pDraw and ptheRect both point to the same instance.
But treat it differently because they are declared to be of different
type to begin with?
Yes.
i mean if pDraw points to C3DRect why aren't we seeing the rest of the
methods but only draw(), why are they hidden?
Because compilers are stupid and trust the programmer. This means that
when we access the data pointed to by ptheRect it will interpret the
data as a C3DRect, and when accessing it through pDraw it will interpret
it as an IDraw.
This is important when IDraw is not an abstract class, since if you then
make a copy of what pDraw points to, only the IDraw portion will be
copied and the rest ignored. This is called slicing and is usually not
what you want.
--
Erik Wikström
thanks to you im a lot less confused :)
you said earlier that GetInterfaceFrom3DRect is stupid, and should be
replaces with something like:
IDraw* getIDraw() {
return dynamic_cast<IDraw*>(ptheRect);
}
getIDraw being a method of C3DRect?
this seems to eliminate the need for interface ID's, if is not too
much to ask what other changes would you make.
i like to see how would you go about designing this, it dont matter if
the code is complex or rather i prefer it :)
and how would you go about implementing this in the main method,
something like?

I'd get rid of the global variable, CreateThe3DRect, DestroyThe3DRect,
and GetInterfaceFrom3DRect. They don't serve any purpose that I can see.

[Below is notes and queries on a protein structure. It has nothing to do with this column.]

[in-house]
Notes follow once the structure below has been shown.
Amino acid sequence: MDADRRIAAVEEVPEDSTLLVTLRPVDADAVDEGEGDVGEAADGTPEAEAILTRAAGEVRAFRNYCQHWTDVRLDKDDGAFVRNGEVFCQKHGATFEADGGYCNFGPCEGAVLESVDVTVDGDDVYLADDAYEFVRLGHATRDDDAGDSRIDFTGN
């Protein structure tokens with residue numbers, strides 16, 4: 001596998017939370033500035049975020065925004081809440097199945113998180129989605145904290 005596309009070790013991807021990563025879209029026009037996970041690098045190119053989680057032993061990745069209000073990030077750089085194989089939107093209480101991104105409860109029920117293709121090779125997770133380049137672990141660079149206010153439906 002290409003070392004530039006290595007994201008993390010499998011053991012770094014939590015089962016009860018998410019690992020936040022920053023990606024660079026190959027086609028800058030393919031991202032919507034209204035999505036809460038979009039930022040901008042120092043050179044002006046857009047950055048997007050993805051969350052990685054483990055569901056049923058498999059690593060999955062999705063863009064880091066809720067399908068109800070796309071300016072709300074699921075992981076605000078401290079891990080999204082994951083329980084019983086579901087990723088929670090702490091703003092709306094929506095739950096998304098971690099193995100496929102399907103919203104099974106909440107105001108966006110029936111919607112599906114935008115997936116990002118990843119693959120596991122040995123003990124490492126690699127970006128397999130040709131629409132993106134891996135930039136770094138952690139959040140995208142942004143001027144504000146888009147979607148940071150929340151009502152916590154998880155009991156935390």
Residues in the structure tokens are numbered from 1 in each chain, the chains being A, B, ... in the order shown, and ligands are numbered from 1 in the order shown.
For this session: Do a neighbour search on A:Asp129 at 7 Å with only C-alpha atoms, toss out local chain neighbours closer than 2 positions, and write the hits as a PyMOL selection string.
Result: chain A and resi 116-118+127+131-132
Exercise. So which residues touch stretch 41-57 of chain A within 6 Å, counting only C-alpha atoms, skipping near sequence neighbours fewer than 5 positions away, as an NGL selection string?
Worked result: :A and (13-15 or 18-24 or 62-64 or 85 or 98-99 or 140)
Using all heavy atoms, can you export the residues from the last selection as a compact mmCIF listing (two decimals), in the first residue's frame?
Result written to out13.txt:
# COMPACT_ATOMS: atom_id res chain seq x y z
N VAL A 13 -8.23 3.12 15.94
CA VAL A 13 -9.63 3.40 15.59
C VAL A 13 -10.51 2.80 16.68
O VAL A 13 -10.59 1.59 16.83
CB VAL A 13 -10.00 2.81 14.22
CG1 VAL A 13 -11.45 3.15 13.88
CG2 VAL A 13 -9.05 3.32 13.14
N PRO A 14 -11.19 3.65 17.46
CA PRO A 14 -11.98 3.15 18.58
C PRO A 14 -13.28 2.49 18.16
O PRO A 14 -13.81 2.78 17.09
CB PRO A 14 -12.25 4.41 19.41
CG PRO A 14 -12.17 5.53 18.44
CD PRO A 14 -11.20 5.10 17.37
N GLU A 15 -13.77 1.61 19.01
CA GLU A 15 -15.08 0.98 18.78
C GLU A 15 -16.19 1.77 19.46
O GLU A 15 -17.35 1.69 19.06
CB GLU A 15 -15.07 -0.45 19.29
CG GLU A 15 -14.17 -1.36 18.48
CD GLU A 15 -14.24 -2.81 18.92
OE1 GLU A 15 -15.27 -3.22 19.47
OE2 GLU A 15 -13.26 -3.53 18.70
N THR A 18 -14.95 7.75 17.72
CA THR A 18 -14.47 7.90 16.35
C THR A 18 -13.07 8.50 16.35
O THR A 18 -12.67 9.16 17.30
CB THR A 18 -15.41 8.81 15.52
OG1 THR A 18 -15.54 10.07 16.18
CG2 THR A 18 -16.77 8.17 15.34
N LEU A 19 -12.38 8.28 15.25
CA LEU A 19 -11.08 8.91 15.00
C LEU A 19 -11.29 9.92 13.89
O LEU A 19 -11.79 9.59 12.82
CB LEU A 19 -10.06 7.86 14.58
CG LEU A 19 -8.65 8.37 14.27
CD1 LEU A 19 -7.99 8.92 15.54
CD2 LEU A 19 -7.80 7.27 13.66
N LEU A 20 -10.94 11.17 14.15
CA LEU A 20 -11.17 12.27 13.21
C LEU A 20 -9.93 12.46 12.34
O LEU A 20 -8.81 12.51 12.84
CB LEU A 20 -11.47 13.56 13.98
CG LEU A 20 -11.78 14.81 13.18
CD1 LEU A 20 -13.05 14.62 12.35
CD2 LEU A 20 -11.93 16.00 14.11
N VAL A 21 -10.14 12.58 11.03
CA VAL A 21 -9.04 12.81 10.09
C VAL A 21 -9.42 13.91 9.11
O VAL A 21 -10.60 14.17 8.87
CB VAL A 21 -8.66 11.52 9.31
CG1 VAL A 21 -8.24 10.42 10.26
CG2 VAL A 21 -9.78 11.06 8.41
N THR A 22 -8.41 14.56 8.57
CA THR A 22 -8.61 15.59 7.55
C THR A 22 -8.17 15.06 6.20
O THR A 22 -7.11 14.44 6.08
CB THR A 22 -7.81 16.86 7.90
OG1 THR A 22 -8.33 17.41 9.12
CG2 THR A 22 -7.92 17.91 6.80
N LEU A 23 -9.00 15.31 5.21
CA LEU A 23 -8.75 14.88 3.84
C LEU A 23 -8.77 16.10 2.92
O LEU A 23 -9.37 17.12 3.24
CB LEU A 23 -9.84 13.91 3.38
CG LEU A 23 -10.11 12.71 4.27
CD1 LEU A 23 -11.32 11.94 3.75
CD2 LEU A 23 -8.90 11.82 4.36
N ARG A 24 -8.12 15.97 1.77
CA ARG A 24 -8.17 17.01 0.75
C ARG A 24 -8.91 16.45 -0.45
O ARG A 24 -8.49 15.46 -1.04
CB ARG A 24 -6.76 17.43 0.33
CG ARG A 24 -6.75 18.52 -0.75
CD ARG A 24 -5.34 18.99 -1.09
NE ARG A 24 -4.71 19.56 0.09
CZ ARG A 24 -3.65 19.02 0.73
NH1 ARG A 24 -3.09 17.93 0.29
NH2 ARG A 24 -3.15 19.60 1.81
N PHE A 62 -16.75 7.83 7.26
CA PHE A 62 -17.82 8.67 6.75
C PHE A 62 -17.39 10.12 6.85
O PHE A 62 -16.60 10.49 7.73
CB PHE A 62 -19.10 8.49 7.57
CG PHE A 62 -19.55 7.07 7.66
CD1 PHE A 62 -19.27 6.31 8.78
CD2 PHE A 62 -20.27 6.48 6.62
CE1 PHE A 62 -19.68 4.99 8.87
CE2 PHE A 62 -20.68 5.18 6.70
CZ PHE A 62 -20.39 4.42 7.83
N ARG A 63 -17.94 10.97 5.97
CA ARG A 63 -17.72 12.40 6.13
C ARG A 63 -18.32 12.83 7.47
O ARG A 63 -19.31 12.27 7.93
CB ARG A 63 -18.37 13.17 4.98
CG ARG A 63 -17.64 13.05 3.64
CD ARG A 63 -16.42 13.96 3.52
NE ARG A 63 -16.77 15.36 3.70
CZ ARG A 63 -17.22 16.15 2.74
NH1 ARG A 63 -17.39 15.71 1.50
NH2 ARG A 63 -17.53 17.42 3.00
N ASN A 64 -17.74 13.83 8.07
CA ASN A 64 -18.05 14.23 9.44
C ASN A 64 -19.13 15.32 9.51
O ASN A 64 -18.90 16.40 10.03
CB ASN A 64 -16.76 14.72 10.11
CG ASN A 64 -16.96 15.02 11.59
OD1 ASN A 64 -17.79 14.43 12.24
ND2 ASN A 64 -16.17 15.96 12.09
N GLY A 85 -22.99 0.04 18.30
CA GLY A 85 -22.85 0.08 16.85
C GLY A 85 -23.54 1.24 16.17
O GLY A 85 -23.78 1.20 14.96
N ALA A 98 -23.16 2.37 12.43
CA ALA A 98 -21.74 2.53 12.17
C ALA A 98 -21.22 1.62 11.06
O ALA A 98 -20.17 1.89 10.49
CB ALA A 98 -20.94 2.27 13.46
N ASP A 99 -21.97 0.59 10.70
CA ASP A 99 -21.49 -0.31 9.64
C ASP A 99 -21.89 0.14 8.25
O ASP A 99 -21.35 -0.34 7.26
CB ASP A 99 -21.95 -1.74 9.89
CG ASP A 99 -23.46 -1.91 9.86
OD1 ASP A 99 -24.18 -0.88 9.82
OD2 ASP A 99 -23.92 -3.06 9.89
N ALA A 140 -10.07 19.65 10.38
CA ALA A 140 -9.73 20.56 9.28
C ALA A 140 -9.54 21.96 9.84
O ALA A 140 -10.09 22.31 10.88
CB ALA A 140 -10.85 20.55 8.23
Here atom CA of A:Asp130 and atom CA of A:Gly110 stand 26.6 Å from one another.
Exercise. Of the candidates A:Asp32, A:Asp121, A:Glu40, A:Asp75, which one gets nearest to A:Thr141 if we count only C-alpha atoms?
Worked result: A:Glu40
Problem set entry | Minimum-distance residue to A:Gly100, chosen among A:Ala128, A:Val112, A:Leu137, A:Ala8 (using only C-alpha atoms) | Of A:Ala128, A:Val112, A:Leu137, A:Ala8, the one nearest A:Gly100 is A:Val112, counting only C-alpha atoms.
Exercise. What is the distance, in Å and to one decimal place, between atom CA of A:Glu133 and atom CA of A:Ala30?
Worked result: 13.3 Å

IDraw* pDraw = NULL;
CreateThe3DRect();
pDraw = ptheRect->getIDraw();

We don't need a IDraw pointer to call Draw, we can do that from a
C3DRect pointer as well. In fact we don't need any pointers at all since
none of the code makes use of any polymorphic behaviour.

Since I don't know what the code is supposed to do I'd reduce it to the
minimum which should reproduce the same results:

//-----------------------------------

enum FillType { Solid, Dots, Stripes };

class IDraw
{
public:
virtual void Draw() = 0;

};

class IShapeEdit
{
public:
virtual void Fill (FillType fType) = 0;
virtual void Inverse() = 0;
virtual void Stretch(int factor) = 0;

};

//-----------------------------------

class C3DRect : public IDraw, public IShapeEdit
{
public:
C3DRect();
virtual ~C3DRect();
// IDraw
virtual void Draw();
// IShapeEdit
virtual void Fill (FillType fType);
virtual void Inverse();
virtual void Stretch(int factor);

};

//-----------------------------------

int main()
{
C3DRect rect;
rect.Draw();
return 0;

}

Notice the "= 0" at end of the function declarations in the interfaces,
this means that the functions are pure virtual and requires the user to
provide an overload in all classes inheriting from it. I use it to
indicate that those classes are pure interfaces with no implementation.

--
Erik Wikström
Thank you, been of great help. The book im reading "Developer's
Workshop to COM and ATL 3.0", its aim is towards COM programming. This
part was brush up on Interfaces.

Maybe this unnecessary complexity is needed later.

Sep 1 '07 #9